Ann FryAnn Fry
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Why is ERP Selection Difficult?

Why is Selecting ERP Software so Complex?

The consensus is that ERP software selection is an overwhelming task. So much so, that compared to the many other decisions that businesses make for improvement and growth, the complication surrounding ERP selection tends to rise to the top.

An Internet search will produce many articles backing up the struggle involved in an ERP search, but understanding where the difficulty comes from is not as frequently discussed. By breaking down why ERP selection is such an onerous task, we can better navigate and neutralize factors that can paralyze decision-making ability. Here are our top-6 reasons why ERP software selection is so complex:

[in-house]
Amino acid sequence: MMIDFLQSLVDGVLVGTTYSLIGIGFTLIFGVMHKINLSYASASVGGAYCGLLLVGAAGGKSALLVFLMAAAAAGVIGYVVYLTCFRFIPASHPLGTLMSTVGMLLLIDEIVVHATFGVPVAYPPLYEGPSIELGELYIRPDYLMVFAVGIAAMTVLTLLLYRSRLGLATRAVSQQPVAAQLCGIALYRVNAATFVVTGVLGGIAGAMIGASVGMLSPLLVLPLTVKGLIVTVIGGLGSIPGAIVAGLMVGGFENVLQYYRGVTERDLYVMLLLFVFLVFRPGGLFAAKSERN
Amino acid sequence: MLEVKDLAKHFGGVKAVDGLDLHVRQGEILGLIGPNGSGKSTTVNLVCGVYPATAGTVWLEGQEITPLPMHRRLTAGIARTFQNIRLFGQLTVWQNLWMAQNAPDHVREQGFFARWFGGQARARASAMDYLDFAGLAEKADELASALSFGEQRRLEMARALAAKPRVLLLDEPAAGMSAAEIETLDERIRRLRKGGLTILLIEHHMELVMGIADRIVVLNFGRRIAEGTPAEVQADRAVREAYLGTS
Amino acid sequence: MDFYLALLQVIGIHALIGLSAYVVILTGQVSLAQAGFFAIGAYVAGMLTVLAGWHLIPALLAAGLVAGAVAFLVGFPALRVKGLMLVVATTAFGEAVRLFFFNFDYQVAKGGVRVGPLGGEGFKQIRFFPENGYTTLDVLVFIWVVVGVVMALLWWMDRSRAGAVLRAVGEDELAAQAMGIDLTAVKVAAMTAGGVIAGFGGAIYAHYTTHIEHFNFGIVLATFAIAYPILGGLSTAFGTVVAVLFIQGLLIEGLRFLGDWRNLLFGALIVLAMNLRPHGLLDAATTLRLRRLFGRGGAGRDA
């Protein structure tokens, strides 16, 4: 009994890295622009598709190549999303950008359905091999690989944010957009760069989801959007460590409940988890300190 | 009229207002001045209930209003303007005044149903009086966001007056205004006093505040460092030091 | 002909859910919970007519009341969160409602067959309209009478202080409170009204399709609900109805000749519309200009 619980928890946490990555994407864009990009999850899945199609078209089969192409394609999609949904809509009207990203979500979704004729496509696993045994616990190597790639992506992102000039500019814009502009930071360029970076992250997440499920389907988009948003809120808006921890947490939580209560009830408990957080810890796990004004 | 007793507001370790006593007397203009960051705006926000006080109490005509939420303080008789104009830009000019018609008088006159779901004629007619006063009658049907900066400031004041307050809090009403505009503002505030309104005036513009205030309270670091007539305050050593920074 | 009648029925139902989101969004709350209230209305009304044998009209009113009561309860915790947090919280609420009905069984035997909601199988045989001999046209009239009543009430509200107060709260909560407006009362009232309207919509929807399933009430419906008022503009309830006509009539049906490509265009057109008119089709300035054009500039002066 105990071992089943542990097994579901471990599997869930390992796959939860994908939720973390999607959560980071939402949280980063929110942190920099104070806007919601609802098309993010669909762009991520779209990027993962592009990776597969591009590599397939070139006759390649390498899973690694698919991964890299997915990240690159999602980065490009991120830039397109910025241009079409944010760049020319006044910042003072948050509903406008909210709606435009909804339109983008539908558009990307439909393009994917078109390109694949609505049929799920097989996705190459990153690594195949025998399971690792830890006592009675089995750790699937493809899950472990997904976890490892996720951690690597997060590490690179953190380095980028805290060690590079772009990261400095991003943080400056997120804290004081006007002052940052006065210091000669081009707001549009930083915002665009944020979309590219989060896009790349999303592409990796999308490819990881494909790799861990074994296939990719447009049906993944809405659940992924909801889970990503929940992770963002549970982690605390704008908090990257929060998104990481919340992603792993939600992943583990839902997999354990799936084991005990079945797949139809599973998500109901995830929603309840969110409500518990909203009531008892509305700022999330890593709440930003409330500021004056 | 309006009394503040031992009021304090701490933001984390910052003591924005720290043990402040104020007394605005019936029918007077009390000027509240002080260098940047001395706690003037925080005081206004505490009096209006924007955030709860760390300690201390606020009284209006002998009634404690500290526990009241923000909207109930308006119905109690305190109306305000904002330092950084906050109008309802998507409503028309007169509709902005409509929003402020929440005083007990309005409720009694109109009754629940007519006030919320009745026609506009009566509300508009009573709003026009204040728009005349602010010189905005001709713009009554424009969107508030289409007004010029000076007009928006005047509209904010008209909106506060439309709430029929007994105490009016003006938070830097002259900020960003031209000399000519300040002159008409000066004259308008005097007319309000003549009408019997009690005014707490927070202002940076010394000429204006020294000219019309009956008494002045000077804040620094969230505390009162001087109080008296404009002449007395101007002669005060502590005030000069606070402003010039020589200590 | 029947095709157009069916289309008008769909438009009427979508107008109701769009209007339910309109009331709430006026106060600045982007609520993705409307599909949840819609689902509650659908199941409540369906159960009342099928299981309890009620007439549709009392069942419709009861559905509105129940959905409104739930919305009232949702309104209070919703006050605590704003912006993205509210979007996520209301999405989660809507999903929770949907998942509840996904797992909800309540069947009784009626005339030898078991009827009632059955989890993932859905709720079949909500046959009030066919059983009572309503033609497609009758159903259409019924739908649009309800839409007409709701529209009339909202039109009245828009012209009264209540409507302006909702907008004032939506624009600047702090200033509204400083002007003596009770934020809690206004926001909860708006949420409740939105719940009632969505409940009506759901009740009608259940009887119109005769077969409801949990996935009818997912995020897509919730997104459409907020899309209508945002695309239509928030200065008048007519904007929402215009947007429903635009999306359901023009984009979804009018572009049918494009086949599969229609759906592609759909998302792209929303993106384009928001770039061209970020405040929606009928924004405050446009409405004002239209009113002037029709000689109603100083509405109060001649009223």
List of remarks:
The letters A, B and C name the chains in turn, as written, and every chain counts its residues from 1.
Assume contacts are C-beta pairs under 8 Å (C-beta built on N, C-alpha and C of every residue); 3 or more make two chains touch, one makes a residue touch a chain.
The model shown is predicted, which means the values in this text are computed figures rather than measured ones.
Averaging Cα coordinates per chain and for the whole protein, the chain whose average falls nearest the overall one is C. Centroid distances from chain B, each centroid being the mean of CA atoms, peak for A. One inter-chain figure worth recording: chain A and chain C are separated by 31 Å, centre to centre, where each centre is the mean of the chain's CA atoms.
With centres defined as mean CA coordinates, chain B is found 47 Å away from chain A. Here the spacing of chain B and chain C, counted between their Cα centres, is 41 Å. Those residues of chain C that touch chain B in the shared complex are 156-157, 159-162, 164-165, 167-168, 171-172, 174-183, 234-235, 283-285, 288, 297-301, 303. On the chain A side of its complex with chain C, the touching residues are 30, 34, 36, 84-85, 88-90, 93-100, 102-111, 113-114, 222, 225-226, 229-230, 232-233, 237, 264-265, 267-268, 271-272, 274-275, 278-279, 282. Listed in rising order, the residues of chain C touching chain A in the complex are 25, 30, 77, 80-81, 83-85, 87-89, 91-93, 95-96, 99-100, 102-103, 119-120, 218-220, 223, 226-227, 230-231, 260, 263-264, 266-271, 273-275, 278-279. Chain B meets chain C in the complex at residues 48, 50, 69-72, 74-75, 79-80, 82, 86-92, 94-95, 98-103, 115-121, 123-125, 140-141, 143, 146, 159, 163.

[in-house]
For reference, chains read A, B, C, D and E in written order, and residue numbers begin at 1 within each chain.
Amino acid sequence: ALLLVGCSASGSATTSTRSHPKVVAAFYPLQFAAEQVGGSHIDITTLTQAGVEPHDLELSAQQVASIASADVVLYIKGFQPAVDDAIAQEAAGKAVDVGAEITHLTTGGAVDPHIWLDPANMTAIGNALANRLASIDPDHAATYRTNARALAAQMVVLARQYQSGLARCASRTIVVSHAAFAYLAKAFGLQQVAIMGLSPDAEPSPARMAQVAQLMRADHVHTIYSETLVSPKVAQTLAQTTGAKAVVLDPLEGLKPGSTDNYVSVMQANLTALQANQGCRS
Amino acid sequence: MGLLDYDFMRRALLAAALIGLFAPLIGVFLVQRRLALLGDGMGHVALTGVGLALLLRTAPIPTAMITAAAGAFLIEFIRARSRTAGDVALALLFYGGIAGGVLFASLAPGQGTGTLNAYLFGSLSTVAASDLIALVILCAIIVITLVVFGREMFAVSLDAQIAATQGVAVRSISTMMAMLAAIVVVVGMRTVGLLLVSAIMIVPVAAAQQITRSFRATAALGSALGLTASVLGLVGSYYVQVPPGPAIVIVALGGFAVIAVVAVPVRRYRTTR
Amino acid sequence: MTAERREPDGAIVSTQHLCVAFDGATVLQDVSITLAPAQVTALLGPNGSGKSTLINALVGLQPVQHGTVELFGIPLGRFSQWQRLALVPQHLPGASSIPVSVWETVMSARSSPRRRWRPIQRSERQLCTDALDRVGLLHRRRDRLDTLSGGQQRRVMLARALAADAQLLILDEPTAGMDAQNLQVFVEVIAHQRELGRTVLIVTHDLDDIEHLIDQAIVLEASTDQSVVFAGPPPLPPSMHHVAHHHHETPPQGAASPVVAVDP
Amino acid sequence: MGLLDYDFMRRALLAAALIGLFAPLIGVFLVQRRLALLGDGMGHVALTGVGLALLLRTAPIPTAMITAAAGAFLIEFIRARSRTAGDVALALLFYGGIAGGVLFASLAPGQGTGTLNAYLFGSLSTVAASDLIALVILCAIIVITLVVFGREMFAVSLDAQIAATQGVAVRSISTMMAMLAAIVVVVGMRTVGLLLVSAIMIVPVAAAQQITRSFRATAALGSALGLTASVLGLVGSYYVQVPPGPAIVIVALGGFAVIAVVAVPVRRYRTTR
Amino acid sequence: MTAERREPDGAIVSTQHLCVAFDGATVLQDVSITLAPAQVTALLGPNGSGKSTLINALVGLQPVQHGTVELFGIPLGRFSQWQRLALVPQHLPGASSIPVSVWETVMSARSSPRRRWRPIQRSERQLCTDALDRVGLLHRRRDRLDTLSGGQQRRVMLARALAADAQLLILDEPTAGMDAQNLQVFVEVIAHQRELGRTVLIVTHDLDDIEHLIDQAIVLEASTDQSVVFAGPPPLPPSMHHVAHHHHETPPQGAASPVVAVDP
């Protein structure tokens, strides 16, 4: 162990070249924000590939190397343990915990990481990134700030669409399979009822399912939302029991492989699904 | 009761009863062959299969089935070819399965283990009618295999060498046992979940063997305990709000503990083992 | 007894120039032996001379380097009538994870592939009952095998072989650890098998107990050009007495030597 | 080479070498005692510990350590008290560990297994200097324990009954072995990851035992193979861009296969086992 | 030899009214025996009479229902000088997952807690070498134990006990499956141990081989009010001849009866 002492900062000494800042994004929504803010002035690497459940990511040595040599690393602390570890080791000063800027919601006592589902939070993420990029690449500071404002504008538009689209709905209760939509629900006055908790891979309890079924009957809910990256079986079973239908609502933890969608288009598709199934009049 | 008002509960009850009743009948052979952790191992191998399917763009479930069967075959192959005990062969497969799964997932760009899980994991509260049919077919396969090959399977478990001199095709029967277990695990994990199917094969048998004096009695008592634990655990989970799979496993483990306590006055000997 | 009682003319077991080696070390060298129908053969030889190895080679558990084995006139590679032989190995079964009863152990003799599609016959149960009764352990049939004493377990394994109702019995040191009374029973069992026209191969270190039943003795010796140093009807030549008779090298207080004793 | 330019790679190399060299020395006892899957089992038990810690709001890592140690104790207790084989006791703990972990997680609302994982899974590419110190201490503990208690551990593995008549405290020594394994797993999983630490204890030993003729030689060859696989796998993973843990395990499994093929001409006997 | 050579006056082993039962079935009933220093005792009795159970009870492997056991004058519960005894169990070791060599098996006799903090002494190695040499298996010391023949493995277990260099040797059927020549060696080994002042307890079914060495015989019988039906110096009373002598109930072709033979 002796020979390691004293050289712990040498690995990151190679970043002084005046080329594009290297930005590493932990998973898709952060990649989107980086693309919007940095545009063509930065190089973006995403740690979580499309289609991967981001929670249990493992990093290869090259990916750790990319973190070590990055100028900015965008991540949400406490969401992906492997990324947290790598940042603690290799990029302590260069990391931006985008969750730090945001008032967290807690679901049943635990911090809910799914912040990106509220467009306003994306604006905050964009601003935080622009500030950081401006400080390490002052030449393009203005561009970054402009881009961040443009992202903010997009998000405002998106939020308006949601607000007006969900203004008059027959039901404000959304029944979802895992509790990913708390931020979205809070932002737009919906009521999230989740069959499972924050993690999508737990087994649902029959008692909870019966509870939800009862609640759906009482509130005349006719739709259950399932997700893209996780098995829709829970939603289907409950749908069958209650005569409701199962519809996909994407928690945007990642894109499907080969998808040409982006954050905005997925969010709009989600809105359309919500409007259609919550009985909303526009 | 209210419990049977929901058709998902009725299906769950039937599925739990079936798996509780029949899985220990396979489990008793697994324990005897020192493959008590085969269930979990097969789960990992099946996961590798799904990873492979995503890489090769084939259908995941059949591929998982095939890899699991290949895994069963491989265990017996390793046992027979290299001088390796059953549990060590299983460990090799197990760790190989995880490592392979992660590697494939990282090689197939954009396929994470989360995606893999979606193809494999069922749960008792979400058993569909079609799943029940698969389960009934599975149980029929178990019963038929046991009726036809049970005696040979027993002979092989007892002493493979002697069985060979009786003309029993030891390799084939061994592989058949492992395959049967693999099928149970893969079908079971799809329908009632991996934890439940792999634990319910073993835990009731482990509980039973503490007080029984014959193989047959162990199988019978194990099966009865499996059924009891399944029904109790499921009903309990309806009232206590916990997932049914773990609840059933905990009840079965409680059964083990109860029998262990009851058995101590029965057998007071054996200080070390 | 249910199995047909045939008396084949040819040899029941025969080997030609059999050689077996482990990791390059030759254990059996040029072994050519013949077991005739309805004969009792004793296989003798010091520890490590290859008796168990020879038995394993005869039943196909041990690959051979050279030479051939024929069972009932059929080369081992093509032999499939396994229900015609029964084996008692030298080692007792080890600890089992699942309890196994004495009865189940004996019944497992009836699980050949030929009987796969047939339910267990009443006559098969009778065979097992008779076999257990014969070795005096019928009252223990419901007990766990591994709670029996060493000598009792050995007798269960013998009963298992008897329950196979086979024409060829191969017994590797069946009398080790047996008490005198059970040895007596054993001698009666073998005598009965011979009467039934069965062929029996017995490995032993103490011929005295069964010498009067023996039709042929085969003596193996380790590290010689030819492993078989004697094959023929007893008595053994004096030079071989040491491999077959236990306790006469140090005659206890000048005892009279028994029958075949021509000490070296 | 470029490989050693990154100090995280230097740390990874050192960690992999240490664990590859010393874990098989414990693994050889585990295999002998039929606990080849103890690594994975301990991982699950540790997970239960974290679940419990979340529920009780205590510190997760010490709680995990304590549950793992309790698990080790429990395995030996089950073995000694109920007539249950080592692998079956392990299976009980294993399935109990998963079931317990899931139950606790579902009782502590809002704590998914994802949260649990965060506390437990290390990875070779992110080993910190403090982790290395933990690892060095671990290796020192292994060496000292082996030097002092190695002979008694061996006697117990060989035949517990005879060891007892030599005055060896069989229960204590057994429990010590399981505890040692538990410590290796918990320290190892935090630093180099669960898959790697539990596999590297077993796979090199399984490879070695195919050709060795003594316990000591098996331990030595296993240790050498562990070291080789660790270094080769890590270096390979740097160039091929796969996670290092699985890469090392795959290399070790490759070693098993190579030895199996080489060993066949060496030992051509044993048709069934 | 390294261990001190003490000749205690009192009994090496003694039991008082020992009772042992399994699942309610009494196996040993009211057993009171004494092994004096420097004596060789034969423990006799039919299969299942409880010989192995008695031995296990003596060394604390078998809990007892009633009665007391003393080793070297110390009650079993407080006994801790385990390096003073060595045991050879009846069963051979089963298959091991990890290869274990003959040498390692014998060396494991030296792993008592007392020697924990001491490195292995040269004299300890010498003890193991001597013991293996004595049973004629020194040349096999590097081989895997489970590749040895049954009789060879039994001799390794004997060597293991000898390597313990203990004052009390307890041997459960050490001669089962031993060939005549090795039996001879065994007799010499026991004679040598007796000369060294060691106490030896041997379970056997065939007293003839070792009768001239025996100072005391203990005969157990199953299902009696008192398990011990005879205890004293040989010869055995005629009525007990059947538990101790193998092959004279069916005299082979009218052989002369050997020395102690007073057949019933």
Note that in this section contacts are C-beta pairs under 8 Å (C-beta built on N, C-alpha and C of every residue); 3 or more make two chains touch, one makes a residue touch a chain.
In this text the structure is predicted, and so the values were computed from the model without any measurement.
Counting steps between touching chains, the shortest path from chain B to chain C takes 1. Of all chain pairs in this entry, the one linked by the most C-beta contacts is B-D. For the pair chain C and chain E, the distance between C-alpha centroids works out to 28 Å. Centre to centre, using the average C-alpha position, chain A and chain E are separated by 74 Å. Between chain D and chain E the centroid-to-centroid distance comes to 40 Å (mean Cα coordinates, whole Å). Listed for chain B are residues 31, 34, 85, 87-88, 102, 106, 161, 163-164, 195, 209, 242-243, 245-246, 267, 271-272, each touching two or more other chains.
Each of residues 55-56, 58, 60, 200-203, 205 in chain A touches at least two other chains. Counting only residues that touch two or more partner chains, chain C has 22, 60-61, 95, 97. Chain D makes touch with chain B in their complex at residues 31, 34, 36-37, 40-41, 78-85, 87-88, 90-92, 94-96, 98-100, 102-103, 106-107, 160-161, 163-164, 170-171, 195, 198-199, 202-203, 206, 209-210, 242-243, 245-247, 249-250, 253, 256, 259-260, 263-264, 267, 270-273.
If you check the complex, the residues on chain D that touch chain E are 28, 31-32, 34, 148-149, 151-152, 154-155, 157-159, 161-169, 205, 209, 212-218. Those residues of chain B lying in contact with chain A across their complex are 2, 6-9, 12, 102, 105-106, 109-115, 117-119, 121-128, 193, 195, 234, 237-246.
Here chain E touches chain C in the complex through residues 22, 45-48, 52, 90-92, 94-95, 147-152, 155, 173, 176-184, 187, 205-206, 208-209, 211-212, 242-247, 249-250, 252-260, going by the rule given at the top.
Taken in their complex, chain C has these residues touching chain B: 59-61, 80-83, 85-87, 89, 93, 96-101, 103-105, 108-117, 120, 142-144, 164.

1. Large number of solutions to choose from.
  2. There are literally hundreds of ERP software packages to choose from – but not all will be suitable for your company. Elimination based on your vertical industry, company size, budget, and process complexity will quickly reveal a shortlist that is manageable.

    Need help? Independent organizations specializing in ERP software selection can help pinpoint software that fits your business and process requirements. Watch for firms that are truly independent with no associated software sales; for example, Technology Evaluation Center or 180 Systems are both independent evaluators.